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The red cell’s spectrin-actin network is known to sustain local states of shear, dilation, and condensation, and yet the short actin filaments are found to maintain membrane-tangent and near-random azimuthal orientations. When calibrated with polarization results for single actin filaments, imaging of micropipette-deformed red cell ghosts has allowed an assessment of actin orientations and possible reorientations in the network. At the hemispherical cap of the aspirated projection, where the network can be dilated severalfold, filaments have the same membrane-tangent orientation as on a relatively unstrained portion of membrane. Likewise, over the length of the network projection pulled into the micropipette, where the network is strongly sheared in axial extension and circumferential contraction, actin maintains its tangent orientation and is only very weakly aligned with network extension. Similar results are found for the integral membrane protein Band 3. Allowing for thermal fluctuations, we deduce a bound for the effective coupling constant, α, between network shear and azimuthal orientation of the protofilament. The finding that α must be about an order of magnitude or more below its tight-coupling value illustrates how nanostructural kinematics can decouple from more macroscopic responses. Monte Carlo simulations of spectrin-actin networks at ~10-nm resolution further support this conclusion and substantiate an image of protofilaments as elements of a high-temperature spin glass.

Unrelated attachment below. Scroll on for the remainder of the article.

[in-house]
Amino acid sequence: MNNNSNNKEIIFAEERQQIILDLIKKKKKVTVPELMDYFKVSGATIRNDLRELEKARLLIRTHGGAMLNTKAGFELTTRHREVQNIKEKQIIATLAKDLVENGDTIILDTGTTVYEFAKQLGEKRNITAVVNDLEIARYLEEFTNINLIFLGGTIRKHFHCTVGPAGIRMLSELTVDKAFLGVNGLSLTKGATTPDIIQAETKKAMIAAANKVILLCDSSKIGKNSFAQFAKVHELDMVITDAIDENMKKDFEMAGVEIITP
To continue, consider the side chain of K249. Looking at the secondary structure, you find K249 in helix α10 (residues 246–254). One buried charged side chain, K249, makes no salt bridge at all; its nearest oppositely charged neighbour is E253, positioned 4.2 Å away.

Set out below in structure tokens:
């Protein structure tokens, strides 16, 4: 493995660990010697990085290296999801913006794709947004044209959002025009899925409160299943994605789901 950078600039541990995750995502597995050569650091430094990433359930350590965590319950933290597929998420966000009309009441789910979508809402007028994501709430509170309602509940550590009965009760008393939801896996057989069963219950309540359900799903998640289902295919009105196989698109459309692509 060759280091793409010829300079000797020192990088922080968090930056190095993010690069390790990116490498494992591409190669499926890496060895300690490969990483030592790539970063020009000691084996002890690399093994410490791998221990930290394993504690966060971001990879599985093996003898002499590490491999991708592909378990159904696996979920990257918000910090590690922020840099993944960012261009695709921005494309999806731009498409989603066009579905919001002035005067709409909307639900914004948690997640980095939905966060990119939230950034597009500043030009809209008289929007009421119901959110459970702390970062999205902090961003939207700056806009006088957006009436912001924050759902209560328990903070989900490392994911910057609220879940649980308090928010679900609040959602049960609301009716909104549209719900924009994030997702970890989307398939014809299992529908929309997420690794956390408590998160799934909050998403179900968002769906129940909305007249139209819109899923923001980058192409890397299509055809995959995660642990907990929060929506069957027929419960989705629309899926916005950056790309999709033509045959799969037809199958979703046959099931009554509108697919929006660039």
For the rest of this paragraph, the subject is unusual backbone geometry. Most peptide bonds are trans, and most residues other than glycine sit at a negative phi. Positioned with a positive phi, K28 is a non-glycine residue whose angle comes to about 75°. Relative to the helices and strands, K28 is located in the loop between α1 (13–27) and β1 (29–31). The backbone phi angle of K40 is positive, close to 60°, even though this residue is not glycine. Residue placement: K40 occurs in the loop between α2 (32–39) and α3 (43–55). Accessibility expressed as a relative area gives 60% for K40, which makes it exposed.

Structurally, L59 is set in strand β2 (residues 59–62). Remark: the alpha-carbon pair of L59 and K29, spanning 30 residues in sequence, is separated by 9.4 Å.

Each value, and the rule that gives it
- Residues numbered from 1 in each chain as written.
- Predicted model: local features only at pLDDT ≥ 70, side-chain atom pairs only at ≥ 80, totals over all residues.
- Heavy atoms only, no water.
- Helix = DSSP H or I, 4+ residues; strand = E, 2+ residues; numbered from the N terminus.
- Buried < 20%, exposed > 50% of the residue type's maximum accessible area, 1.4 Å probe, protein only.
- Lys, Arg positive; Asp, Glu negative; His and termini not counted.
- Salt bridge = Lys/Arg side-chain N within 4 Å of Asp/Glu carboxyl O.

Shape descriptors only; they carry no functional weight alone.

Picart, C., Dalhaimer, P. M., & Discher, D. E. (2000). Actin Protofilament Orientation in Deformation of the Erythrocyte Membrane Skeleton. Retrieved from https://repository.upenn.edu/cbe_papers/20
Date Posted: 20 February 2005
This document has been peer reviewed.